Though the tiny rib joint was slammed, the staff made sure to set us up with frosty buckets of beer and (for the wait) complimentary orders of RnR's crispy onion rings. The huge rings were semi-spicy and flecked with seasoning, and the sauce they came with was full of chili and garlic. A bucket of import beers, in our case Blue Moon, cost only $13. As we washed down the rings with beer we watched videos of McBrain performing with Maiden in front of tens of thousands. At one point McBrain came around and turned the volume down slightly on the sound system next to our table. "Don't want it to get too loud," he said. We assured him loud was good.
For our table, we ordered a wide swath of the menu: Full racks of baby back ribs and spare ribs ($15.95 and $18.95); a foot-long hot dog stuffed with pepper jack cheese, wrapped in bacon, and served with sides of caramelized onions and meaty chili ($8.95); and two orders of "drummer's dozen" (that's 10) wings served with a side of "Run to the Hills" hot sauce ($6.95 per order). Everything is served on wide metal discs covered in wax paper, and portions are generous.
Let's start with the 'cue. Even outside of RnR, you can smell the smoke wafting from the grill in the open kitchen. Baum and company finish their ribs on the grill, caramelizing the sauce to the surface in the process. Because of this, the overwhelming flavor of the ribs is from the grill, not from wood smoke like in purely traditionalist barbecue. You taste that char when biting down into either the baby backs or the spares. Both are of the extraordinarily tender variety, in as much as they fall from the bone with ease. I actually preferred the texture of the spare ribs, however, since the meat had a slightly firmer texture. And if I had any complaint about the grilling method, it would be that the grill was probably running a little hot due to the kitchen rushing to accommodate the full house. That in turn caused the sweet sauce RnR coats their ribs with to become nicely charred in spots but too runny and thick in others. A lighter coating and a slower turn on the grill would fix that, which I'm sure will come in time for RnR.
The "Moby Death Dog" (that's the bacon-wrapped foot-long) was stellar. The dog itself was flavorful and completely covered in crisp bacon. I scooped a bit of chili and onions onto my half of the unit and the sweet flavors cut the salty bacon nicely. Although the kitchen really stuffed the inside of that dog with pepper jack cheese, I thought more cheese on top couldn't hurt too. Hey, why not go for broke. The wings were essentially average buffalo-style arms and flats, though they were large and meaty.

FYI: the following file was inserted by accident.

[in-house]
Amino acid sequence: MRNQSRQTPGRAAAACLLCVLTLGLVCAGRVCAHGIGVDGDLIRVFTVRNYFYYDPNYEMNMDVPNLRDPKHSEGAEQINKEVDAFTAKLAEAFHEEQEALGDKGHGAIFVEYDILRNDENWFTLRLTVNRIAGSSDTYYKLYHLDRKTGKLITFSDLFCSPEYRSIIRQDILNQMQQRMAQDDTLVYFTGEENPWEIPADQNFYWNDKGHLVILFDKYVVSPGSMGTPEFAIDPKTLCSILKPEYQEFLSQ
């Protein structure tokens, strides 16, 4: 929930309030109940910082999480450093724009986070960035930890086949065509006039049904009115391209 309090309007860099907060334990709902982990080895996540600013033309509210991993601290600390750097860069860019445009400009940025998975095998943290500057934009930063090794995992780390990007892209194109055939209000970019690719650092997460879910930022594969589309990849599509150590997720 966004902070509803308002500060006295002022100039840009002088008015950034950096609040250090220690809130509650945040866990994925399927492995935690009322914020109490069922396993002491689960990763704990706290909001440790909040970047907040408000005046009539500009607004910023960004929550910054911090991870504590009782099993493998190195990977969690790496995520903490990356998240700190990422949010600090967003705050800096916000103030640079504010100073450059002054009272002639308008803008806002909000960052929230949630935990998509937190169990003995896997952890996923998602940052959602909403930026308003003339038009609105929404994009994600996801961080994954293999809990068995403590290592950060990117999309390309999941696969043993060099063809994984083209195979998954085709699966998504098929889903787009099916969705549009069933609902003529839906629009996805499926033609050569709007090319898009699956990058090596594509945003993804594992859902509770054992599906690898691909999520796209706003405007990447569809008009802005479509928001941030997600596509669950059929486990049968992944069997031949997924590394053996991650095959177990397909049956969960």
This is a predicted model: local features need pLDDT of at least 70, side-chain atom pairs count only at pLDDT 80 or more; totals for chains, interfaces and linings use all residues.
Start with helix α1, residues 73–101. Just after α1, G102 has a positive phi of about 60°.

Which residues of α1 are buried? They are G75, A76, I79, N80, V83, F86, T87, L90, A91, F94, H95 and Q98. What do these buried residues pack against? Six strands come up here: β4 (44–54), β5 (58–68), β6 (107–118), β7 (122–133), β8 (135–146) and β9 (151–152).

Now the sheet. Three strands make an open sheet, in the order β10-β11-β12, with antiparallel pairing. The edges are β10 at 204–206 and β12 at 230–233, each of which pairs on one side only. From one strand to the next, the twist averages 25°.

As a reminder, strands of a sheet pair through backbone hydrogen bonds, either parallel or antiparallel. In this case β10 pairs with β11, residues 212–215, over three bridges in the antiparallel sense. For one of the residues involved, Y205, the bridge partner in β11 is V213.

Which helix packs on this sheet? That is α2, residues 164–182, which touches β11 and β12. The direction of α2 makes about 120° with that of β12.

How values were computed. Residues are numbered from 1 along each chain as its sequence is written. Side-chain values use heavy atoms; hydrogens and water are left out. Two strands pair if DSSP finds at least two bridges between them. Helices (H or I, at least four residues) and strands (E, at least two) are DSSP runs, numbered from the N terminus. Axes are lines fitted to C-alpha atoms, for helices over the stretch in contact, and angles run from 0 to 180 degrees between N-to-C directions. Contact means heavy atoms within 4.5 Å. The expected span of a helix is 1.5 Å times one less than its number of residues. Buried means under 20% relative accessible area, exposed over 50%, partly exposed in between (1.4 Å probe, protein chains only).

Most dishes come with sides at RnR, and I sampled some nicely fried, house-cut french fries, fresh Cole slaw, and sweet baked beans. The Texas toast accompanying each plate was great, and I find myself making impromptu sandwiches out of rib meat, slaw, and fries.
The restaurant itself is small, but well-decorated, with black walls covered with Iron Maiden memorabilia, guitars, drumsticks, and awards. The open kitchen is the focal point, which is attractive and decked in stainless steel. And there's a good mix of booths, high-tops, smaller tables, and a central wooden table that's split into four with a thatched divider. At one section of that table, two hungry rock fans attempted to take down "the Appetite of the Beast," a $50 smorgasbord of one-and-a-half racks of ribs, a pound of pulled pork and beef, half a chicken, and a heaping of fries, beans, Cole slaw, corn on the cob, and Texas toast. These two big dudes pounded it down -- practice, no doubt, for their next visit, when they hope to do it solo (if you eat it all by yourself, it's free).
All told, Rock 'N' Roll Ribs has enormous potential. It's a fun spot with a great vibe and unapologeticly robust food, and looks like it might be a busy destination for quite some time.
Rock 'N' Roll Ribs
4651 State Rd. 7, ste. 1, Coral Springs 33076
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